Consider how ‘faith’ is defined in the dictionary.
For example, the online Merriam-Webster dictionary defines ‘faith’ in the following way :
- allegiance to duty or a person: loyalty: fidelity to one’s promises: sincerity of intentions;
- belief and trust in and loyalty to God: belief in the traditional doctrines of a religion: firm belief in something for which there is no proof [emphasis added]: complete trust;
- something that is believed especially with strong conviction; especially: a system of religious beliefs.
Notice that faith holds the connotation of believing in something for which there is no proof. Based on this definition of ‘faith’, it is perfectly reasonable for an atheist or skeptic to conclude that religion (‘faith’) is opposed to science (which is more interested in ‘facts’). And this is just what they have done.
“The whole point of faith is to believe regardless of the evidence, which is the very antithesis of science.” Michael Shermer
“Faith is the great cop-out, the great excuse to evade the need to think and evaluate evidence. Faith is belief in spite of, even perhaps because of, the lack of evidence.” Richard Dawkins
These are pretty heavy accusations against Christianity – or faith of any stripe. I also think the accusations are logical if we accept the definition of faith as described above.
But is the definition of ‘faith’ – belief in something for which there is no proof – really accurate for Christian faith, or for any use of the word ‘faith’ for that matter? When you say that you have faith in someone – God, your mother, the government, your doctor – is it because you have no proof of their reliability, or because of the proof of their reliability?
The new emphasis of the Beyond Teachable Moments blog is a concept I’ve named ‘20 b4 twenty’. 20 b4 twenty refers to the twenty most important faith-related issues I believe young people need to understand before they reach the age of twenty. This is the list of issues that we want our children to know and understand by the time they are twenty.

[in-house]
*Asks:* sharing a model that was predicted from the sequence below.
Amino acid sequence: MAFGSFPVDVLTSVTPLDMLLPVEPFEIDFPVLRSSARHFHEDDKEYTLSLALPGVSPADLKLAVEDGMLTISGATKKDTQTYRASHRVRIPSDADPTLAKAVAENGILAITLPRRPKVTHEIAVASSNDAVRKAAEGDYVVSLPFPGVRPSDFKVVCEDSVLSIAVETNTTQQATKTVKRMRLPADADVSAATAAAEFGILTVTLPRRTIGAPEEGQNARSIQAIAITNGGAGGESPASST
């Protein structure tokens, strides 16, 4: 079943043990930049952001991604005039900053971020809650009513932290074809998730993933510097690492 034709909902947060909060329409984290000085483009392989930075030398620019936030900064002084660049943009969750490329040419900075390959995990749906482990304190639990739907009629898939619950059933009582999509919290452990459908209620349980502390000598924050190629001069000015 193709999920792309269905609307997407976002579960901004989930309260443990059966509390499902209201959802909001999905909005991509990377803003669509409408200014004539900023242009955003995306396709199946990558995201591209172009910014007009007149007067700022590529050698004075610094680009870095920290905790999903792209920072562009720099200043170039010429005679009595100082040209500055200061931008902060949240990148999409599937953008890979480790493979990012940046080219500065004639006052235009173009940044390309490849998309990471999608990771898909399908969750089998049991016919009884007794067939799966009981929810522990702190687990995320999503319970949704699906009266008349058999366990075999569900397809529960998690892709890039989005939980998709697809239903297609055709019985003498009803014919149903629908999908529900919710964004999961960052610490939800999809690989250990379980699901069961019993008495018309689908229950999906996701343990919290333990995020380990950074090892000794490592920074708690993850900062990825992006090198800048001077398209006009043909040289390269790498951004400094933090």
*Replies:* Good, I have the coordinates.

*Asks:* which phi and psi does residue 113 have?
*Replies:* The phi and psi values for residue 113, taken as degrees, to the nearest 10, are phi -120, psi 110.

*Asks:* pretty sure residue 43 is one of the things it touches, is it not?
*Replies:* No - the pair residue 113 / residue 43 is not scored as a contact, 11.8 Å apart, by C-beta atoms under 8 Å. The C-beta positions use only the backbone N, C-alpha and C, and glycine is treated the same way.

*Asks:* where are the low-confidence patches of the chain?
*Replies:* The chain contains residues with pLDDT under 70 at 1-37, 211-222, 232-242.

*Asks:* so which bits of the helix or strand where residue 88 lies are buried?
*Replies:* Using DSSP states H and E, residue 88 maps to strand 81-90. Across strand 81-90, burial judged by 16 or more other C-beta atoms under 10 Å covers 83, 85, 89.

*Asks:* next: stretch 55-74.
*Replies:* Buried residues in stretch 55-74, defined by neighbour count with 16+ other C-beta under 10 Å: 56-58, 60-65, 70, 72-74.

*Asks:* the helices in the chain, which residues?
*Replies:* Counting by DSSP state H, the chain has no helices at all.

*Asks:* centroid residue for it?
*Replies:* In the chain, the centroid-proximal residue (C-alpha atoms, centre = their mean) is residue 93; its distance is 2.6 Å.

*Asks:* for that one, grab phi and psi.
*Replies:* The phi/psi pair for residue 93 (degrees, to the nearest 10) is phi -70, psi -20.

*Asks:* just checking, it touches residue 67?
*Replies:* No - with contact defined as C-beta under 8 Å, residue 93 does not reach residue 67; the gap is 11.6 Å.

Over the next twenty weeks, I’ll introduce you to each of the twenty issues in the list. I will then blog more specifically about each issue in future posts in random order. This way I will be able to keep some variety in the posts, rather than trying to comprehensively cover one issue at a time.
First up: Truth
I don’t think anyone can begin to purposefully build an unshakeable faith without first talking about the nature of ‘truth’. Questioning the existence, value, and know-ability of truth is a recent phenomenon in Western society and has completely upended the way we think and reason.
Can we know if truth exists? Is truth relative (true for some but not for others), absolute (ie: true for everyone, everywhere, and at all times), or somewhere in between?
This is one of the most foundational challenge that our society faces because how we answer it will shape much of the rest of our thinking around every other question we ask.
Common ideas about truth that are often taught in high school or college/university include: Read more…
Happy 2016 everyone!
I have been doing a lot of thinking over the past few months about what I want to accomplish in order to purposefully build unshakeable faith in our two boys. I am always considering what I want them to know by the time they leave home (which I am conveniently ball parking at 20 years old!).
This means that I only have 10 years left with our oldest son.
That might induce some of you to roll your eyes. Ten years? Tons of time!
But, if you are a parent, think about how fast that first 10 years went by. If you’re anything like me, the answer is: FAST.
Through conversation with like-minded people, some internet research, and a lot of thinking, I’ve decided on a three-part go-forward plan for my own work with our kids which will naturally become the focus of the BTM blog site.
Read on to see what is ahead for BTM in 2016 and beyond.